For many voters, secretary of state — at the state level, not the cabinet secretary who leads the US State Department — is probably a fairly obscure office. As we’ve discussed, these officials tend to work behind the scenes on unglamorous tasks such as election administration, and few reach the household-name level.
But in the wake of Jan. 6, the Republican Party’s “big lie,” and Donald Trump’s fixation on installing election-denying allies in key positions, secretaries of state — and this year’s campaigns to elect secretaries of state — have taken on extraordinary importance .
Franita Tolson, an election law expert at the University of Southern California, told NPR, “The reasons why Trump’s attempt to overturn the 2020 election failed is because there were state officials who refused to substantiate his claims of fraud. These folks really are gatekeepers.”
It was against this backdrop that Arizona Republicans voted yesterday in their secretary of state primary — and their choice reverberated nationally for a reason. NBC News reported:
Mark Finchem, a prominent 2020 election denier and an Arizona state legislator, has won the Republican secretary of state primary, NBC News projects. With 99% percent of the expected vote in, Finchem, who was endorsed by former President Donald Trump, had 40% of the vote. State Rep. Shawnna Bolick, another 2020 election denier, had 19% of the vote.
State Rep. Beau Lane acknowledged the reality of the 2020 race and received a fair amount of support from the state’s Republican establishment. I have finished a distant second with 25 percent support.
Right off the bat, the obvious problem with Finchem’s candidacy is that he’s an unhinged election denier, basing much of his candidacy on ridiculous conspiracy theories about Trump’s defeat. In fact, the Arizonan recently said he wouldn’t accept the legitimacy of his own primary unless he won.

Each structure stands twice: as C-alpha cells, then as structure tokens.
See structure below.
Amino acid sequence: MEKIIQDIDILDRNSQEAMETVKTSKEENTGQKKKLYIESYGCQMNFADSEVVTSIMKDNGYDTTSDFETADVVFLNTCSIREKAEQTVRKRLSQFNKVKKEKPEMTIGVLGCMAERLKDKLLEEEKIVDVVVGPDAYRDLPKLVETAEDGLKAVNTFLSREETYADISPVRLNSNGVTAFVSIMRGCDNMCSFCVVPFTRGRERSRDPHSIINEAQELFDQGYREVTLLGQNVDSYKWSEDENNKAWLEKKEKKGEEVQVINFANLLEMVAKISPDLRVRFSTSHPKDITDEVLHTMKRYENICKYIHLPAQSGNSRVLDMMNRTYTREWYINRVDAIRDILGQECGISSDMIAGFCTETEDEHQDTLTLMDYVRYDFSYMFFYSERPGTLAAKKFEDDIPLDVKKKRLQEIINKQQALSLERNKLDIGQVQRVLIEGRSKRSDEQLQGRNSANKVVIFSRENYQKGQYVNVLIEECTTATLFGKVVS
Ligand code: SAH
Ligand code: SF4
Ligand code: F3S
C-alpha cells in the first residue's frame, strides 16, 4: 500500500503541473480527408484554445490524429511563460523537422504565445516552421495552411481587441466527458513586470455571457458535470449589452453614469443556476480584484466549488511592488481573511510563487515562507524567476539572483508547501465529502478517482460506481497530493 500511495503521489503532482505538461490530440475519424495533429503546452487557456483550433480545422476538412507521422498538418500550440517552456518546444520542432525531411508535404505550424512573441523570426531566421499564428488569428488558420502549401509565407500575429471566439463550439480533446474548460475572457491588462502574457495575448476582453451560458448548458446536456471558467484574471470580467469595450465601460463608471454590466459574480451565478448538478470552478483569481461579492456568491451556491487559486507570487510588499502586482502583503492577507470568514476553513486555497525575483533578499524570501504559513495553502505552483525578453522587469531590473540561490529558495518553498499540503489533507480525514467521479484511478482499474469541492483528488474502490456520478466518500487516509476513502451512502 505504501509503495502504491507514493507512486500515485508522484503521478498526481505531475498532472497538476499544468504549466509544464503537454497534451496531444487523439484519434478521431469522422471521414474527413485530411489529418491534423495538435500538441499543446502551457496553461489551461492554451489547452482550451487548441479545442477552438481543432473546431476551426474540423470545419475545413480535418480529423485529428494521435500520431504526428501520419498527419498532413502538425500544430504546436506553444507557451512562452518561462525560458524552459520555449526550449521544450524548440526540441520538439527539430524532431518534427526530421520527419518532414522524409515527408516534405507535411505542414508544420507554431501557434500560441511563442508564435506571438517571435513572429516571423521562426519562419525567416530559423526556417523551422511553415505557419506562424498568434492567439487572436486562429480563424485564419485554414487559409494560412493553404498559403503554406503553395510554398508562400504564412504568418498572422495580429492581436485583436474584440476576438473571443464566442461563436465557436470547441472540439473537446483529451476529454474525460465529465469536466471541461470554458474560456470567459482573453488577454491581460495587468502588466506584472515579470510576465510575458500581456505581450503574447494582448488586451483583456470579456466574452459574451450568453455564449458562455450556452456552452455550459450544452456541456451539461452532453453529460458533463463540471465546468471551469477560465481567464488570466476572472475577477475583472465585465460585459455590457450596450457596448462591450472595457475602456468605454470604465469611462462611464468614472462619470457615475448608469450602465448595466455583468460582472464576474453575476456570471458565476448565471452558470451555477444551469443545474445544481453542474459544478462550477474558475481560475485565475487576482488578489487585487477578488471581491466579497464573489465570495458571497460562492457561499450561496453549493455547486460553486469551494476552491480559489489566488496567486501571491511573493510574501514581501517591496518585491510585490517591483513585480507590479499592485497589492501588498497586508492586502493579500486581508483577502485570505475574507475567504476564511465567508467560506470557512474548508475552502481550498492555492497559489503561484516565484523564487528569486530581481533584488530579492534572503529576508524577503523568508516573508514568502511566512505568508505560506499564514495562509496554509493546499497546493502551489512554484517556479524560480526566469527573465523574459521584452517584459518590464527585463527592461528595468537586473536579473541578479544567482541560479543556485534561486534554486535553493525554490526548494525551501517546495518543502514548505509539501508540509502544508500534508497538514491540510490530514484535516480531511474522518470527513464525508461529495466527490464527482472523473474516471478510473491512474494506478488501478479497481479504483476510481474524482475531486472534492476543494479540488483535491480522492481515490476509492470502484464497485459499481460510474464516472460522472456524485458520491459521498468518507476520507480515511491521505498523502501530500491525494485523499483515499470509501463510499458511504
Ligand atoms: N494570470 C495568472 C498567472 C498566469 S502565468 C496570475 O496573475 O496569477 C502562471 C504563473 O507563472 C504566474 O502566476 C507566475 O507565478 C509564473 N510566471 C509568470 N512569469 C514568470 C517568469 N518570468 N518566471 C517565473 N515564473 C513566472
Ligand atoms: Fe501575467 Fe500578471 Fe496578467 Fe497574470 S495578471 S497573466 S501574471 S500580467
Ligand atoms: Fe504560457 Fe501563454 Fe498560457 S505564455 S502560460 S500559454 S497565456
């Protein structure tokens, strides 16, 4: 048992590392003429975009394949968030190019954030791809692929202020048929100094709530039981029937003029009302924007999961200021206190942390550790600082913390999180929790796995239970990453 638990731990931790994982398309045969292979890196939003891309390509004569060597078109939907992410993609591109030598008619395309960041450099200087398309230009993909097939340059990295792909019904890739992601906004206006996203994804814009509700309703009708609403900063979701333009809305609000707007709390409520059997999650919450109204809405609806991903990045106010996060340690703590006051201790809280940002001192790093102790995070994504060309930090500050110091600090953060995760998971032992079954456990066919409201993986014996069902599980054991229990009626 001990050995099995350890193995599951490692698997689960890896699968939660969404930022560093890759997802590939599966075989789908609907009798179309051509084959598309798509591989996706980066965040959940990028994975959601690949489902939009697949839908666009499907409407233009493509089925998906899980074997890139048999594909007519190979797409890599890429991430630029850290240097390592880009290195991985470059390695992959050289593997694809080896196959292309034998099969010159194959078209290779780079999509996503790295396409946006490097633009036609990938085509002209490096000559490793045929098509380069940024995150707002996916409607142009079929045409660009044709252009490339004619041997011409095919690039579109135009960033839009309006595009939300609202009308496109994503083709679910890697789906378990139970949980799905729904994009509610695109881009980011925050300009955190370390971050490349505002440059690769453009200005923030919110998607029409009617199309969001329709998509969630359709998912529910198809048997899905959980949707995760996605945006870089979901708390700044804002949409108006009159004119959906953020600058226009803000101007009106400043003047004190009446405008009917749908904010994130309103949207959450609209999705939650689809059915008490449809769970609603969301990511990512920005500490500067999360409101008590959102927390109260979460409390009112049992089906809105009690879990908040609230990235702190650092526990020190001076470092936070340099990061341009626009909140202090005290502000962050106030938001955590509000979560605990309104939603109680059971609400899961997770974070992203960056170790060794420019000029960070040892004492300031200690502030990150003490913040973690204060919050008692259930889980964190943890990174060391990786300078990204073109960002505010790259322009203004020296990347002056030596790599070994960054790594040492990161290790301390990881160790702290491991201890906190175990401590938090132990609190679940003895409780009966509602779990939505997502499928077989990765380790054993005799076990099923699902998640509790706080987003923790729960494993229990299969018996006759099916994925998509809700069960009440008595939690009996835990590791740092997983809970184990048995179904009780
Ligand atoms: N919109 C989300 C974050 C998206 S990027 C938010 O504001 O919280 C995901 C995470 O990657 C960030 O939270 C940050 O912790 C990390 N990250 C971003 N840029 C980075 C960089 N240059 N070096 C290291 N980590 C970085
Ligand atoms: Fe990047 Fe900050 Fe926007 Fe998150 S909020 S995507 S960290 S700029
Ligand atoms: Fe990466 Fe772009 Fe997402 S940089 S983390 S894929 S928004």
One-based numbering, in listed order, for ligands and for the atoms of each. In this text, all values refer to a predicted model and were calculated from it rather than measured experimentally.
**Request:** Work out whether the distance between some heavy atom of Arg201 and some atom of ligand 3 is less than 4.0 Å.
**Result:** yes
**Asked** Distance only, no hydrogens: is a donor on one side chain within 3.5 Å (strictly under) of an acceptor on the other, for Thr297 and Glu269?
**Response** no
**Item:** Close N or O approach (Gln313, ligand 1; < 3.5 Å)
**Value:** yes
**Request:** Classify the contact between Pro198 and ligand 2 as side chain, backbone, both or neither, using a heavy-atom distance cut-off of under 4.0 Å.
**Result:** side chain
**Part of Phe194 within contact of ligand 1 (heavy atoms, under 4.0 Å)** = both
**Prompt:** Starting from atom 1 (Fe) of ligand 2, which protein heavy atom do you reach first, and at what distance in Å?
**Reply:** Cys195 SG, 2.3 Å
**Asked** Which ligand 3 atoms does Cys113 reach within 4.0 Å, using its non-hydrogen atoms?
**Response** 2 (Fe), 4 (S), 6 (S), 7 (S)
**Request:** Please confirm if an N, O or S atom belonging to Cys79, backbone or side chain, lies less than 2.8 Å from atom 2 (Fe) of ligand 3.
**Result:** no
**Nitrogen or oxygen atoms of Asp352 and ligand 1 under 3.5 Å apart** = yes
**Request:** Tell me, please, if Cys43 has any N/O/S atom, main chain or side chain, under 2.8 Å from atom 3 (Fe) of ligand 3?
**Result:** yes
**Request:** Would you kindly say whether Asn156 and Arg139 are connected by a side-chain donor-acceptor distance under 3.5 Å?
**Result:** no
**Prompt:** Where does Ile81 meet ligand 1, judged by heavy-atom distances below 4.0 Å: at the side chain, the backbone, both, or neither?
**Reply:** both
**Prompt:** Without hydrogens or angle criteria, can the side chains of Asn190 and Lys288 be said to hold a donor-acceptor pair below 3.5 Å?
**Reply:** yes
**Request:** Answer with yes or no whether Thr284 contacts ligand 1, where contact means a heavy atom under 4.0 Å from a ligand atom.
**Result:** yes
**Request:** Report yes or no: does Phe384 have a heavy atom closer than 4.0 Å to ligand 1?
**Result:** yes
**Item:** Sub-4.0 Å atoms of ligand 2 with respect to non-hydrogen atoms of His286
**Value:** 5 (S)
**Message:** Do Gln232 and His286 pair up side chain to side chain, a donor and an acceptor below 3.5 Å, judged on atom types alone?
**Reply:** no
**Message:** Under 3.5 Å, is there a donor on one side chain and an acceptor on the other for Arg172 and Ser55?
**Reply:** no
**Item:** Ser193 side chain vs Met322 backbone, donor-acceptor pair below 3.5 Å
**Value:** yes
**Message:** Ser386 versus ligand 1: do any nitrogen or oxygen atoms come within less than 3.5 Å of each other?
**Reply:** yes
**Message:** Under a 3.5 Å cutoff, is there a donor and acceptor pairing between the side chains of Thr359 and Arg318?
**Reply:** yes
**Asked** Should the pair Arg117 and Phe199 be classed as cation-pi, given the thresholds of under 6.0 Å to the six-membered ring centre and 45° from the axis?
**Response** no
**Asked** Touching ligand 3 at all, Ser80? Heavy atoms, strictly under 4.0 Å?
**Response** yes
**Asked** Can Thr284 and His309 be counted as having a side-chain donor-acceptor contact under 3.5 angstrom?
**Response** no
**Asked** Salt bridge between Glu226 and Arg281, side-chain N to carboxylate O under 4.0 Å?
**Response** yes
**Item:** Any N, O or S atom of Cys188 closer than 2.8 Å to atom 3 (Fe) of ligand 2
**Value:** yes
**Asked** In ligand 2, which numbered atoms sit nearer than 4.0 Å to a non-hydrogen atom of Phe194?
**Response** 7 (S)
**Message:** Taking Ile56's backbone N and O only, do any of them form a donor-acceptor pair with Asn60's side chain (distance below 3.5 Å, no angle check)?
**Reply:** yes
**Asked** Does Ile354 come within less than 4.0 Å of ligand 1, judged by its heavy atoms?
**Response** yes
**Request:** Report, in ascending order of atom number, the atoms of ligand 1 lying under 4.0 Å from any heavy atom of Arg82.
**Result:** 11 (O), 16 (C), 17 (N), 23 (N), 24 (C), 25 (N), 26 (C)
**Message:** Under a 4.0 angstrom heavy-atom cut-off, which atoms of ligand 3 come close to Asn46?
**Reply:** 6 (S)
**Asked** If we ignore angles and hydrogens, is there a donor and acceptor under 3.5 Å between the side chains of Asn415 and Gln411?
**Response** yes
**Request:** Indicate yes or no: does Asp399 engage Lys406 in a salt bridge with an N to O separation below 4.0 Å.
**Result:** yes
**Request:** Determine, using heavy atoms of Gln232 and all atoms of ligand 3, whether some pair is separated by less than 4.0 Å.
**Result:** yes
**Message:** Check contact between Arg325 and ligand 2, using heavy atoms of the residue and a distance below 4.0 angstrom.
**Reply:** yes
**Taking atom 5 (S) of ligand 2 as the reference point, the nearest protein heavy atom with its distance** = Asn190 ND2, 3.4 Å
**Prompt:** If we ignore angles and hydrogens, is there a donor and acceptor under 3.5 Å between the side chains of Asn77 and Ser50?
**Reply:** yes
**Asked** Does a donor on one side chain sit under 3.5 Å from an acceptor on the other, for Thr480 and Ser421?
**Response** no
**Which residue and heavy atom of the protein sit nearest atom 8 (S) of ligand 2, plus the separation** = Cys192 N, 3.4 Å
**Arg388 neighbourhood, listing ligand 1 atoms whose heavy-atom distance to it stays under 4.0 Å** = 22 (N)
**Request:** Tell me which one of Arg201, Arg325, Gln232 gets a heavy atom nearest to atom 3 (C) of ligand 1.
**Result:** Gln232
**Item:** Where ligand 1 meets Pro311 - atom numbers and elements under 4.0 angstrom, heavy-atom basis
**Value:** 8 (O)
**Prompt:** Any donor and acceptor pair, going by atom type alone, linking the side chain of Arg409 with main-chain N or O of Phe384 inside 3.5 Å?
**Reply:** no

The result is an inherently dangerous dynamic: Arizona is a large and competitive battleground state, and the winner of this year’s secretary of state race will have the authority to administer the 2024 elections — in ways that might affect outcomes. Having a far-right conspiracy theorist who doesn’t accept legitimate election results in an office that oversees elections opens the door to a possible crisis.
A Slate report added, “In Arizona, the secretary of state, along with the governor, is charged with certifying there elections. So, if elected, Finchem could simply refuse to certify any democratic victory in any state, local, or federal election, citing the sorts of unspecified and unproven claims of fraud he has raised to say that 2020 should not have been certified.”
But with Finchem, the fact that he’s an election denier isn’t the only problem. NBC News’ report added:
Finchem has appeared on QAnon radio talk shows and attended the “Stop the Steal” rally in Washington on Jan. 6, 2021, which led to the storming of the Capitol. He also spoke at a “Stop the Steal” event a day earlier, telling the crowd that Trump had won the 2020 election. In a 2014 interview with local news outlet InMaricopa.com, Finchem identified himself as a member of the Oath Keepers, a far-right militia group whose founder was charged with seditious conspiracy and other accounts in connection with the Jan. 6 insurrection.
For good measure, let’s not forget that there was a farcical “hearing” at a Phoenix hotel after the 2020 election, featuring bizarre claims from Rudy Giuliani and Jenna Ellis.
It was Finchem who helped settle the faux proceedings.
Obviously, there’s no shortage of significant elections this year, but those who see Arizona’s secretary of state race as among the most important are not being hyperbolic.